In 2019, proponents of the changes included urbanists, unions and homebuilders. AARP, also another supporter, said ADUs can provide retired homeowners with extra income or help aging parents live by their children.
“This is going to be an opportunity to invite so many more people into some of our most exclusive neighborhoods,” O’Brien said at the time.
Critics of the rules, led by the Queen Anne Community Council, warned about the regulations incentivizing developers to replace older rental houses. They said the changes could make the city’s low-density blocks less desirable and create parking problems without yielding affordable housing.
The new report sheds light on how the city’s approach is playing out.
ADUs remain a relatively minor component of Seattle’s housing production, given that more than 11,000 homes were built last year in multifamily structures like apartment buildings and town houses.
But there’s no denying that ADUs are becoming more numerous, and the vast majority are being permitted in zones where apartment buildings and town houses are barred, the new report shows. Such zones (the city recently changed their name from single-family zones to neighborhood residential zones) cover much of Seattle and have become hard for people who aren’t wealthy to access as home prices have soared.
Hot spots for new ADUs include Greenwood-Phinney Ridge, the Central area, Northgate-Maple Leaf, Ravenna-Bryant, Sunset Hill-Loyal Heights, West Seattle Junction-Genesee and Wedgwood-View Ridge.
Before the 2019 changes, Seattle planners estimated that the city would see 4,430 ADUs built and 1,580 single houses torn down over 10 years, under the new regulations — more ADUs and fewer demolitions than under the status quo. Those predictions appear somewhat realistic, based on data from 2020 to 2022, with 1,336 ADUs built and 554 single houses razed so far..
More ADUs are being permitted in wealthy areas, because neighborhood residential zones tend to be well-off, the Seattle report says. Most ADUs permitted last year were in tracts considered to be at low risk for the displacement of people of color and low-income residents, according to the city’s analysis.
Nearly half of new ADUs in neighborhood residential zones in 2022 were permitted along with new main houses, mostly in house-AADU-DADU packages (you can sometimes spot such projects because they often include umbilical cord-like connections to comply with the city’s AADU regulations). The rest were permitted on their own, mostly as backyard cottages.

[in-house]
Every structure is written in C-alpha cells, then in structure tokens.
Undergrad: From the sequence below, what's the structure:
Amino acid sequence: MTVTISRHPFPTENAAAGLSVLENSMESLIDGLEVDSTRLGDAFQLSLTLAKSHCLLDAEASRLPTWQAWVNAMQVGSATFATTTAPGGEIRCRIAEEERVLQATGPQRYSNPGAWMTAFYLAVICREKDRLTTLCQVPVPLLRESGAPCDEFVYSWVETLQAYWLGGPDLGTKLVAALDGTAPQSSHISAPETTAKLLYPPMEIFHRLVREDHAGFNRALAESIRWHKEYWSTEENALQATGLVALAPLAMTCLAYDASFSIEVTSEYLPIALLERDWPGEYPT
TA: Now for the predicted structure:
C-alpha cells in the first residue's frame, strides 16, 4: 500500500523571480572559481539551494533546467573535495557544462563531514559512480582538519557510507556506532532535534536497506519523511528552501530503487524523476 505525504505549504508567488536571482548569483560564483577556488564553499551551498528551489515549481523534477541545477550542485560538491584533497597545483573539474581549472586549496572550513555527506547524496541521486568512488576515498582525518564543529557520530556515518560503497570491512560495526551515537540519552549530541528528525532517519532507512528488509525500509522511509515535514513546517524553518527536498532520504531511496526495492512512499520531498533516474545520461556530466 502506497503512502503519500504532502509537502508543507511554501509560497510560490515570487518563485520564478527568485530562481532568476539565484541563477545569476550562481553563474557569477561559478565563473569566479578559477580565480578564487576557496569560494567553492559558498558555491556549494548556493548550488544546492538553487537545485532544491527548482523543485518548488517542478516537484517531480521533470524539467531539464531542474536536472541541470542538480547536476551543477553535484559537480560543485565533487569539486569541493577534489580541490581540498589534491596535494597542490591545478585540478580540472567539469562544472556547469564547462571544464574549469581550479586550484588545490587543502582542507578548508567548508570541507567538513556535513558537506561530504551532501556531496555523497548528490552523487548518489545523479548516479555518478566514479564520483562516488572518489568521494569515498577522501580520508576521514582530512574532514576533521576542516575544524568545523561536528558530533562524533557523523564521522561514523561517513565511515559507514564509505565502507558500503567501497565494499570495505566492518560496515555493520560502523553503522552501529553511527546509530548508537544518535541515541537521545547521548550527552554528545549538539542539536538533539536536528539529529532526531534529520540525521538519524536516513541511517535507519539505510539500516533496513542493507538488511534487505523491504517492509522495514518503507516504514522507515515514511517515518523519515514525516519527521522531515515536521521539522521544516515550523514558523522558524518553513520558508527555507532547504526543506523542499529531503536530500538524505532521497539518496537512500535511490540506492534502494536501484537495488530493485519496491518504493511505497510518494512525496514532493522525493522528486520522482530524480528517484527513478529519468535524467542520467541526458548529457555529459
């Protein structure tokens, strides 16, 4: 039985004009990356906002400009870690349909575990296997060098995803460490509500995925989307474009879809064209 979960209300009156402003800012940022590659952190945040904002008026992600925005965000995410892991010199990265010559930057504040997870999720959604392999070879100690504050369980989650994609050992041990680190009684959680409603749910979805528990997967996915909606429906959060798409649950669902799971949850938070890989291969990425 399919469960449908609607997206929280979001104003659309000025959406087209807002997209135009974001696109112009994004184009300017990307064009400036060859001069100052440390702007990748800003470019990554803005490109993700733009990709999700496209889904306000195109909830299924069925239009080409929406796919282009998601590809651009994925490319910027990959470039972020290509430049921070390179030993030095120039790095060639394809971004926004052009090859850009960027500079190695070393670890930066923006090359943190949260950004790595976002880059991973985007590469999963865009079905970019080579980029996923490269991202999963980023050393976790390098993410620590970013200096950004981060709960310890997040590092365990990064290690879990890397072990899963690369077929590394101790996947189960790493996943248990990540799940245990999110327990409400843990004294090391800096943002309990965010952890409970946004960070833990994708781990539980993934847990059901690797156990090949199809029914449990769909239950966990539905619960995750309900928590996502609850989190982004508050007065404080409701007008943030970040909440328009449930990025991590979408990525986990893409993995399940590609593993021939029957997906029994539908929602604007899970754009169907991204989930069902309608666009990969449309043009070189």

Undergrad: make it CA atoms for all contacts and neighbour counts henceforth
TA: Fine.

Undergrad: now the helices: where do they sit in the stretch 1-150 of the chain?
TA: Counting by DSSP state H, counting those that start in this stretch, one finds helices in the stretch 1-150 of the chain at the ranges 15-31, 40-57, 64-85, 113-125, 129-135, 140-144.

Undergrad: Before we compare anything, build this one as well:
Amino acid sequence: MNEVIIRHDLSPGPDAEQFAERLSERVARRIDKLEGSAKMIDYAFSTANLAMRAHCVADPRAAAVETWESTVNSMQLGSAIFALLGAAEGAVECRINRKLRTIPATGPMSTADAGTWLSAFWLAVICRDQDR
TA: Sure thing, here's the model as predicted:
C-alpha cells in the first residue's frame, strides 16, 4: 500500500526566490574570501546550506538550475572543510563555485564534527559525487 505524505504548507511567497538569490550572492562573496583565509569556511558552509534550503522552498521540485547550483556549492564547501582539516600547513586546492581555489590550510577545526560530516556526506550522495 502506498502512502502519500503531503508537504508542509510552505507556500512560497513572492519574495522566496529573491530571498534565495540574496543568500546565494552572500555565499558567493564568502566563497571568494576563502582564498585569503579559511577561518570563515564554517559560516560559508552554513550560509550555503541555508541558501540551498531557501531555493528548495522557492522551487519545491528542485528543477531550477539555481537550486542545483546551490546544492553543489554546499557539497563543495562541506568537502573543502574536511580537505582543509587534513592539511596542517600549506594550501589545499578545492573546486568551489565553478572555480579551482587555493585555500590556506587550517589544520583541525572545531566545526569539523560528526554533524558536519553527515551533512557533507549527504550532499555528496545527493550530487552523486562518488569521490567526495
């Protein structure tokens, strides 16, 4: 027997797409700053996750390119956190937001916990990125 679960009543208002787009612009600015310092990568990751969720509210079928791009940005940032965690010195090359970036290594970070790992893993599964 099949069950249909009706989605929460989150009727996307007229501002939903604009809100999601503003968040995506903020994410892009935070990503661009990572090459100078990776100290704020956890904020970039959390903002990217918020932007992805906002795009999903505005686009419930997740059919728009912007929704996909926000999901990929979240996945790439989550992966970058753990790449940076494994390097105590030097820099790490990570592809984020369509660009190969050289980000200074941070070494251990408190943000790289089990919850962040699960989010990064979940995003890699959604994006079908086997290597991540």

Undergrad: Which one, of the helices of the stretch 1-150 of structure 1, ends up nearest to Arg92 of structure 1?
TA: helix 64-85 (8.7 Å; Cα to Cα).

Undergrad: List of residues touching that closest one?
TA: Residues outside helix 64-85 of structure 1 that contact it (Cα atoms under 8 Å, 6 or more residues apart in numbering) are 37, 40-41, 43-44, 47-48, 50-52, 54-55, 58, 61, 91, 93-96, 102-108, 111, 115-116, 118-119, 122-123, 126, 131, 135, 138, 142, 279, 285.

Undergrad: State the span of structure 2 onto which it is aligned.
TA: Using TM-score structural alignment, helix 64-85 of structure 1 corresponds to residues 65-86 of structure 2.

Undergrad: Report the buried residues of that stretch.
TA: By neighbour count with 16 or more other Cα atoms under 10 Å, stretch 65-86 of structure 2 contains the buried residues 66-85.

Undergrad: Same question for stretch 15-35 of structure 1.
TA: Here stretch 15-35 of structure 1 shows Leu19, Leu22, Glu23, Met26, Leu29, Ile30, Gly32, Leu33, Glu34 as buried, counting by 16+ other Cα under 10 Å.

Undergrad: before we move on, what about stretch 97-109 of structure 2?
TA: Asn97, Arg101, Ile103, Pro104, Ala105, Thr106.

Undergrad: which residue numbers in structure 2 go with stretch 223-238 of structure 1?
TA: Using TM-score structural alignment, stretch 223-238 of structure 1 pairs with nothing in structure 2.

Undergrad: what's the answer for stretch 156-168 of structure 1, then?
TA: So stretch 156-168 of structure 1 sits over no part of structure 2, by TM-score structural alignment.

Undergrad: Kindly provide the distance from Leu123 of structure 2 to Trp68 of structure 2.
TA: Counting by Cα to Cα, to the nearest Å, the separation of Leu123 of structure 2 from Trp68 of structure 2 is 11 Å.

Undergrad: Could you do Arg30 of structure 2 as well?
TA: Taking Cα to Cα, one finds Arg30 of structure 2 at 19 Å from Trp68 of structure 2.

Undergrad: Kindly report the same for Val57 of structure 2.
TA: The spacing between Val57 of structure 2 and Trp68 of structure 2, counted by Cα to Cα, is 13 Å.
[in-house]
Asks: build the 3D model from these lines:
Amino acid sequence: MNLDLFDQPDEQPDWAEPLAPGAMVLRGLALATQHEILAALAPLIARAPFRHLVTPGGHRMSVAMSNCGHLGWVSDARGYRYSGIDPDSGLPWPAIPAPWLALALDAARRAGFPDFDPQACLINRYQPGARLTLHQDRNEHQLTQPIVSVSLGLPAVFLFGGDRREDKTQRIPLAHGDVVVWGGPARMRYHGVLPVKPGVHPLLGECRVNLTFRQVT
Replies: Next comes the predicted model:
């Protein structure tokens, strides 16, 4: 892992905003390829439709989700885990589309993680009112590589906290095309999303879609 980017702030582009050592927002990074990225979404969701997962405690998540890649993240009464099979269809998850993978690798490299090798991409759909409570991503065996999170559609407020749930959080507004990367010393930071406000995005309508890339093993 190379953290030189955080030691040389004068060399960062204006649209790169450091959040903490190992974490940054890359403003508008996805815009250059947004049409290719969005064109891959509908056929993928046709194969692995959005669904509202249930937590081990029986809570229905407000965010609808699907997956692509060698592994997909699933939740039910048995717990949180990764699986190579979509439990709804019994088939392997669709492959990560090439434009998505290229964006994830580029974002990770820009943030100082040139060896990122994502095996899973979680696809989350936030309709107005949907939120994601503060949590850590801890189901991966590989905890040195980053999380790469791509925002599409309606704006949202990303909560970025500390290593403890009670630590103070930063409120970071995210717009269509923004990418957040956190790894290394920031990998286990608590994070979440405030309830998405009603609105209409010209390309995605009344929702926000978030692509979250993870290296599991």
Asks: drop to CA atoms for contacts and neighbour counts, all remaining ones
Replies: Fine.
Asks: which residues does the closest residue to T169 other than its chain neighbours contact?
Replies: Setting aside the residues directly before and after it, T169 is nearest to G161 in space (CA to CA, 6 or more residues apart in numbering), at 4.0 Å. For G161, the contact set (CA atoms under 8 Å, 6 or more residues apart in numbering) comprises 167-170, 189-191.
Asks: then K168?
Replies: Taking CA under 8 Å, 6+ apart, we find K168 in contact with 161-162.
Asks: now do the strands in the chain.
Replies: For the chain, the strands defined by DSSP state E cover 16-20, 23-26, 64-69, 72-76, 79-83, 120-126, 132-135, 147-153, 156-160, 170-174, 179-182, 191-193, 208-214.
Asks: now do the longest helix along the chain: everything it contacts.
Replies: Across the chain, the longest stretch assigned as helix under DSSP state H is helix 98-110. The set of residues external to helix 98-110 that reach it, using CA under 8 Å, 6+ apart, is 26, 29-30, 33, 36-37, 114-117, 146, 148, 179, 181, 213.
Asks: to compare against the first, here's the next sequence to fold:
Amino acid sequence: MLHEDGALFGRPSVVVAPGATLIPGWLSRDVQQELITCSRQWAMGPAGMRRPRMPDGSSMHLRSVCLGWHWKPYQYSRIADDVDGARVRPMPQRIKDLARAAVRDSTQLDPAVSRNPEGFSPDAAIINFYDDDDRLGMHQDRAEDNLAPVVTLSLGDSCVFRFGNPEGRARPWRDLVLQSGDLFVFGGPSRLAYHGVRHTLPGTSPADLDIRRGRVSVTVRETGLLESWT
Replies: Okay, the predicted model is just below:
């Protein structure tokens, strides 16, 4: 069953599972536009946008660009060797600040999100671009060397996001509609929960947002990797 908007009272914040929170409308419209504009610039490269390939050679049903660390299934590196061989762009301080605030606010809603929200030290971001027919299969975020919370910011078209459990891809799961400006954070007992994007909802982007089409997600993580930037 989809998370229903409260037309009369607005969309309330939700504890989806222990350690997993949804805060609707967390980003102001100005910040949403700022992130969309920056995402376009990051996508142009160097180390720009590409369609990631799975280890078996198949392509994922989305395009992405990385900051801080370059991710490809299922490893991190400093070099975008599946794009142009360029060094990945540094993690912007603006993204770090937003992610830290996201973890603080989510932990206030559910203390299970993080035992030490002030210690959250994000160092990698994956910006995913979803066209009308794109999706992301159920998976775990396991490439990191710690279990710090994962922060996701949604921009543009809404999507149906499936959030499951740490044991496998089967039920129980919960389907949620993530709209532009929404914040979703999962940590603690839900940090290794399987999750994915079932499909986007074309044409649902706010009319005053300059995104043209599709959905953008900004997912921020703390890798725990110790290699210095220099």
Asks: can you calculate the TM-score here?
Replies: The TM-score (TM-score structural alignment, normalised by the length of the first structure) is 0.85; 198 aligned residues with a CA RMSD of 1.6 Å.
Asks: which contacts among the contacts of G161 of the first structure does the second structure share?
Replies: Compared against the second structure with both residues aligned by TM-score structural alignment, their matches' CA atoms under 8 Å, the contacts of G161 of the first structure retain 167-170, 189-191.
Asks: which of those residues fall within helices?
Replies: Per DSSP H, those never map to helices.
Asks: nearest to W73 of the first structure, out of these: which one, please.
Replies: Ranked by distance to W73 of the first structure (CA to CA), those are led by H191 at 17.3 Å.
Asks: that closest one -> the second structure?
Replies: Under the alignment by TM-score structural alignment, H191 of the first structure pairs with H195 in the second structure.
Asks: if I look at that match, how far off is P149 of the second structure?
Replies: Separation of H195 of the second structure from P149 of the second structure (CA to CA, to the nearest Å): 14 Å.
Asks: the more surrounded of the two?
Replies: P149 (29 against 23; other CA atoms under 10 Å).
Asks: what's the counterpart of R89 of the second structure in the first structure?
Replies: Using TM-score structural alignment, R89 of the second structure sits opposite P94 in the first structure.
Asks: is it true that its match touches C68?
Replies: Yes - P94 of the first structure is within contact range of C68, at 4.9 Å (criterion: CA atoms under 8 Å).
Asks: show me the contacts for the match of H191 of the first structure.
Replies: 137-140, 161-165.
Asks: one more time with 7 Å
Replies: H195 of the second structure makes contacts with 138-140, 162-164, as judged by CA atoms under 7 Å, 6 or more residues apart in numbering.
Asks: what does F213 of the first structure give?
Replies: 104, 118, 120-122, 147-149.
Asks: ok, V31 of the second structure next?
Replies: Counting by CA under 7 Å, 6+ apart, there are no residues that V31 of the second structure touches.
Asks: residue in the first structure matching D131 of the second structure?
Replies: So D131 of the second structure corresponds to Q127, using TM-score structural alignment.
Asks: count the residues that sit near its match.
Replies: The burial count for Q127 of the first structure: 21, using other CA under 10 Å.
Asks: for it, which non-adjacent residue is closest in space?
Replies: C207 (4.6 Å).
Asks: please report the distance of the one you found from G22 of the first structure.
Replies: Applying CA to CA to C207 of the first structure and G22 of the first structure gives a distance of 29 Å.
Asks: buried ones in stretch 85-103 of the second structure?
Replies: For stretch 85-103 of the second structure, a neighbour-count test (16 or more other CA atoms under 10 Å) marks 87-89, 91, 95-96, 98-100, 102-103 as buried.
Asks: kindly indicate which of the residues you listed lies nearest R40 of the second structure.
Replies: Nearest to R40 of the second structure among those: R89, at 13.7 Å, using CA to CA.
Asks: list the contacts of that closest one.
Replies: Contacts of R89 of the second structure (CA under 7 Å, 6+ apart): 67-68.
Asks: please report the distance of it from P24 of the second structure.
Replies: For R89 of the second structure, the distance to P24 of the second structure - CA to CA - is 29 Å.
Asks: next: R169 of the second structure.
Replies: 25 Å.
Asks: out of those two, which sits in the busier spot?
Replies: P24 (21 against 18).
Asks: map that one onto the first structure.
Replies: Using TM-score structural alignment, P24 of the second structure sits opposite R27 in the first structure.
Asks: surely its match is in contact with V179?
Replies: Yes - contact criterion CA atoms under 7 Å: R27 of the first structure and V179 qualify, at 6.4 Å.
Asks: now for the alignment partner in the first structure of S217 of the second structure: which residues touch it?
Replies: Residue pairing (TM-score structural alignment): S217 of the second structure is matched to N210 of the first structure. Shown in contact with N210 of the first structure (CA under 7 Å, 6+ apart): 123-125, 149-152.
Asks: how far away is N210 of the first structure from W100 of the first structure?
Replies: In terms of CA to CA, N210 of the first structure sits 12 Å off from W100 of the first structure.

About one-third of new ADUs are being permitted as condos (33% in 2021, the most recent year for which reliable data was available), the report says.
The McMansion ban appears to be working as intended; two-thirds of single houses in 2022 were permitted along with at least one ADU.
In zones where denser housing is allowed, like the urban villages that serve as Seattle’s growth hubs, ADUs are in some cases being used by developers of affordable and market-rate housing to build clusters of as many as a dozen cottages — larger projects that can reshape blocks.
Talking to Paul Steenstra, Chris Cloud and Trevor Johnson illustrates how accessory units are being constructed for multiple reasons.
Steenstra, 58, and his wife, Jennifer, added a cottage behind their house in Northwest Seattle so Jennifer’s mother, Madge Sempert, could live independently on their large lot. They also liked the idea of renting at some point to people who couldn’t otherwise afford the area, like public school teachers, said Steenstra, who works for the Low Income Housing Institute.
“We had the space to do it and also just wanted to steward this property … in a way that could help others,” he said, starting with Sempert, who loves her new cottage’s sprawling windows and the tranquil yard she gets to share.
“I get invited to dinner most days,” the 88-year-old joked this week.
Cloud, 31, and his partner, Adi Braun, added a backyard cottage on Beacon Hill after buying a house in 2019, to add density and bring in extra income.